National Salad Month

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From the beginning of our existence, humans have waited avidly through long winter months for the first fresh, nourishing greens of spring. Now that we can have salads all year long, you would think most Americans would embrace them happily, given the many benefits these fresh, antioxidant-packed vegetable ensembles have to offer. May is National Salad Month, inviting us to do just thatnot only this month, but all year long.

What is a salad?

A wide range of dishes can be referred to as salads, from lighter vegetable combinations to accompany a meal, like mixed baby greens drizzled in vinaigrette, to heavier salads of pasta, beans or grains, to entrée salads incorporating meat, poultry, or seafoodsuch as Taco salads, crab or shrimp Louie’s, hearty Greek salads and more. And fruit salads open up another whole realm. Salad possibilities are virtually endless.

Where did salad come from?

The salad has a long and honored history, with origins tracing back centuries to simple vegetable dishes of the Roman Empire, whenaccording to food historiansmixed greens were enjoyed with oil and vinegar. Salads gained popularity in the U.S. during the late 19th century. Virtually all cultures have some traditional version on the salad theme, such as Japanese seaweed salad and Korean cabbage kimchee.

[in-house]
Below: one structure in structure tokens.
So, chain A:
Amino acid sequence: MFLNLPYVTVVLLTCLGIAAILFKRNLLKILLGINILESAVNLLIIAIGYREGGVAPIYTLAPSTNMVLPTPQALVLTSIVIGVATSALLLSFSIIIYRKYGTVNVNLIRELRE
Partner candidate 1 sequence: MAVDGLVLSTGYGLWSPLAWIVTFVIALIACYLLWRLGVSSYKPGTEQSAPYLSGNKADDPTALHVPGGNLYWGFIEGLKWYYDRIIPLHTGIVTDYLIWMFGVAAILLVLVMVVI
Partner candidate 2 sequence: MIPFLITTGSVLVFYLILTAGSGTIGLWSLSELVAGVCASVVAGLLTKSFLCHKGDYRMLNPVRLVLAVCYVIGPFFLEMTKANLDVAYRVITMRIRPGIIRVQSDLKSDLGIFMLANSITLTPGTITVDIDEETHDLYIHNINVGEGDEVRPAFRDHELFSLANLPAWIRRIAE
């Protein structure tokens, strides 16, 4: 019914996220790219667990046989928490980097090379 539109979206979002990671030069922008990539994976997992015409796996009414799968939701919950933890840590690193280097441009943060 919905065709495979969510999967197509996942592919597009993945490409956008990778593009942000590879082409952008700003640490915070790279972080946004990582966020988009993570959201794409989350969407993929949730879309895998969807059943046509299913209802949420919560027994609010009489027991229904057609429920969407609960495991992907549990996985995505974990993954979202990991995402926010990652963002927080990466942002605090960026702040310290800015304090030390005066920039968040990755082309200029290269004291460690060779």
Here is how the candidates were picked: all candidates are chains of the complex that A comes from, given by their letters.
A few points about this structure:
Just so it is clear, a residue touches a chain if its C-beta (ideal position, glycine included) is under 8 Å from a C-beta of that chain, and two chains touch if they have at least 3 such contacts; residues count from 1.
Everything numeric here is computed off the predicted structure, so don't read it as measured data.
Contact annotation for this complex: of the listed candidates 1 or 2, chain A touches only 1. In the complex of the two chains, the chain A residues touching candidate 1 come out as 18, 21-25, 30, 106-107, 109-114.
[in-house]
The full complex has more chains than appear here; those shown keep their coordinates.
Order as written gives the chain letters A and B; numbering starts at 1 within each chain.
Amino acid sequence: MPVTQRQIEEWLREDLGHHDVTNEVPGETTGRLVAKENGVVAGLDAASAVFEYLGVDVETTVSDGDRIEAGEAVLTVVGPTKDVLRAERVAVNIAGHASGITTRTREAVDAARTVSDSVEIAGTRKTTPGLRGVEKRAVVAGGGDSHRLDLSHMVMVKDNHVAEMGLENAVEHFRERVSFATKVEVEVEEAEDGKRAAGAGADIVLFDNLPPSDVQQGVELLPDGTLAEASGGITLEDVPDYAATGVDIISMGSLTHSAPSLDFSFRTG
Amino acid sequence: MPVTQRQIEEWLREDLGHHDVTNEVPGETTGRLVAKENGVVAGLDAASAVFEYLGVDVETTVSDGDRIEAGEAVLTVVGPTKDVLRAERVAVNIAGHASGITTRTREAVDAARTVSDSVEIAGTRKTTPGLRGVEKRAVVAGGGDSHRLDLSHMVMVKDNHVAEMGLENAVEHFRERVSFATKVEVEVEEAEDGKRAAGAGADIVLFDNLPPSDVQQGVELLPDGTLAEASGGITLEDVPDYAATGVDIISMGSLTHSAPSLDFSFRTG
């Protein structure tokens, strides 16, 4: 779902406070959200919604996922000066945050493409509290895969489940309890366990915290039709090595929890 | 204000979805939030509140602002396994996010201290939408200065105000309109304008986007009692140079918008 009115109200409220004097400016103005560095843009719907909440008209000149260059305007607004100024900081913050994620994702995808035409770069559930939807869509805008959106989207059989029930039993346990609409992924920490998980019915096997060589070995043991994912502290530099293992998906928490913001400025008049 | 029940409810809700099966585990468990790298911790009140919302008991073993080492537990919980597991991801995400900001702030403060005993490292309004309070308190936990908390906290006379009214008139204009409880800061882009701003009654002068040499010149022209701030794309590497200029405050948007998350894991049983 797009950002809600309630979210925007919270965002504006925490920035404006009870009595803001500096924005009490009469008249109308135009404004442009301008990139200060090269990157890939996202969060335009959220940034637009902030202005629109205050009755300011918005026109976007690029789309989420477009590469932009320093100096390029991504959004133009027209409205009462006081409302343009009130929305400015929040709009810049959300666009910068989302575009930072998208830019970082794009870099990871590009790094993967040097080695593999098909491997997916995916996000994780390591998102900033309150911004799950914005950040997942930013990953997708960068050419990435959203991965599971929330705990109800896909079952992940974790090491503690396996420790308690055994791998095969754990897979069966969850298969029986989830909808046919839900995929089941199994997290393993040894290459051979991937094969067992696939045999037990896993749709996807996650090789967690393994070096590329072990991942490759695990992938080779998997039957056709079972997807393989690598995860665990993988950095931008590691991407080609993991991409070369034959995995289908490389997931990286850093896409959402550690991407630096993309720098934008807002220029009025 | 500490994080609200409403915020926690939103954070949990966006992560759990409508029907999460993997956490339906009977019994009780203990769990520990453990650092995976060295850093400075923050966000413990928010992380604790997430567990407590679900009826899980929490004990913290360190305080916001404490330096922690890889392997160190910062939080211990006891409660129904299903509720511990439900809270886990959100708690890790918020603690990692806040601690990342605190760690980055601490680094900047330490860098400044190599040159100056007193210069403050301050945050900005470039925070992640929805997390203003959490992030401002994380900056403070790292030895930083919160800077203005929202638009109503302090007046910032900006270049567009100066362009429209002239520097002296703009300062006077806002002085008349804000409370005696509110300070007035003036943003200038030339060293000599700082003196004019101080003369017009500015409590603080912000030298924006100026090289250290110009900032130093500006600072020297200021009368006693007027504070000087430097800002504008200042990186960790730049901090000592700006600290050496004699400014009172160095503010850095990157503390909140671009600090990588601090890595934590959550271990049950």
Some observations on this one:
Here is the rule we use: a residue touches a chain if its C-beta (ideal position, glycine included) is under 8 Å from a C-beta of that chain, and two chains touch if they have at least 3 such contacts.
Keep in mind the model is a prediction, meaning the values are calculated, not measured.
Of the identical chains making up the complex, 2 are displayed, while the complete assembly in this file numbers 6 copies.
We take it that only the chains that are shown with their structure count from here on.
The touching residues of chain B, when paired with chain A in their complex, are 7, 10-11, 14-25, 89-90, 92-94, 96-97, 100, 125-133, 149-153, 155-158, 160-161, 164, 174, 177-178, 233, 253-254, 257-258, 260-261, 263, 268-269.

Are salads always healthy?

While salads are generally regarded as healthy, that depends on what they consist of. Have you taken a close look at a salad bar lately? You can easily consume an entire days worth of calories and saturated fat in one fell swoop if you’re overly generous with the cheese, croutons, bacon bits, olives, dried fruit and nuts, and other toppings on offer. Then, we factor in the dressings, which can range from light flavor accents to fat-laden, dense, mayo-based concoctions.

What’s the perfect salad?

Arguably, the perfect salad is delicious, satisfying, and healthy. The trick is to consider vegetables and lean protein first, then add rich accoutrements judiciously. For example, start with a bed of mixed greens, then top with whatever additional veggies you like: cucumbers, tomatoes, mushrooms, beets, carrots, celery, red cabbage, broccoli, etc. Next, incorporate lean protein─like grilled chicken, tofu, beans, hardboiled egg, or seafoodthen sprinkle on tasty toppings in moderation, such as diced avocado, Greek olives, whole grain croutons, sunflower seeds, etc. and you have a nutrient-packed, flavorful meal with staying power.

How should you dress?

Your dressing choice can virtually make or break the healthy nature of your salad. If you use full-fat Ranch, Thousand Island or Blue Cheese, opt for very small doses. Better yet, boost flavor with creative, low-fat innovations like Citrus Vinaigrette, Orange-Sesame, Honey-Cumin, Chili & Lime, Tarragon Buttermilk, Raspberry Dijon, or Fresh Herb Ranch. For dozens more tasty, skinny dressing options, visit: http://www.lowfatlifestyle.com/sauces_dressings/saucesanddressingsindex.htm

Your Farmer’s Market awaitsjust bring your appetite. Enjoy!

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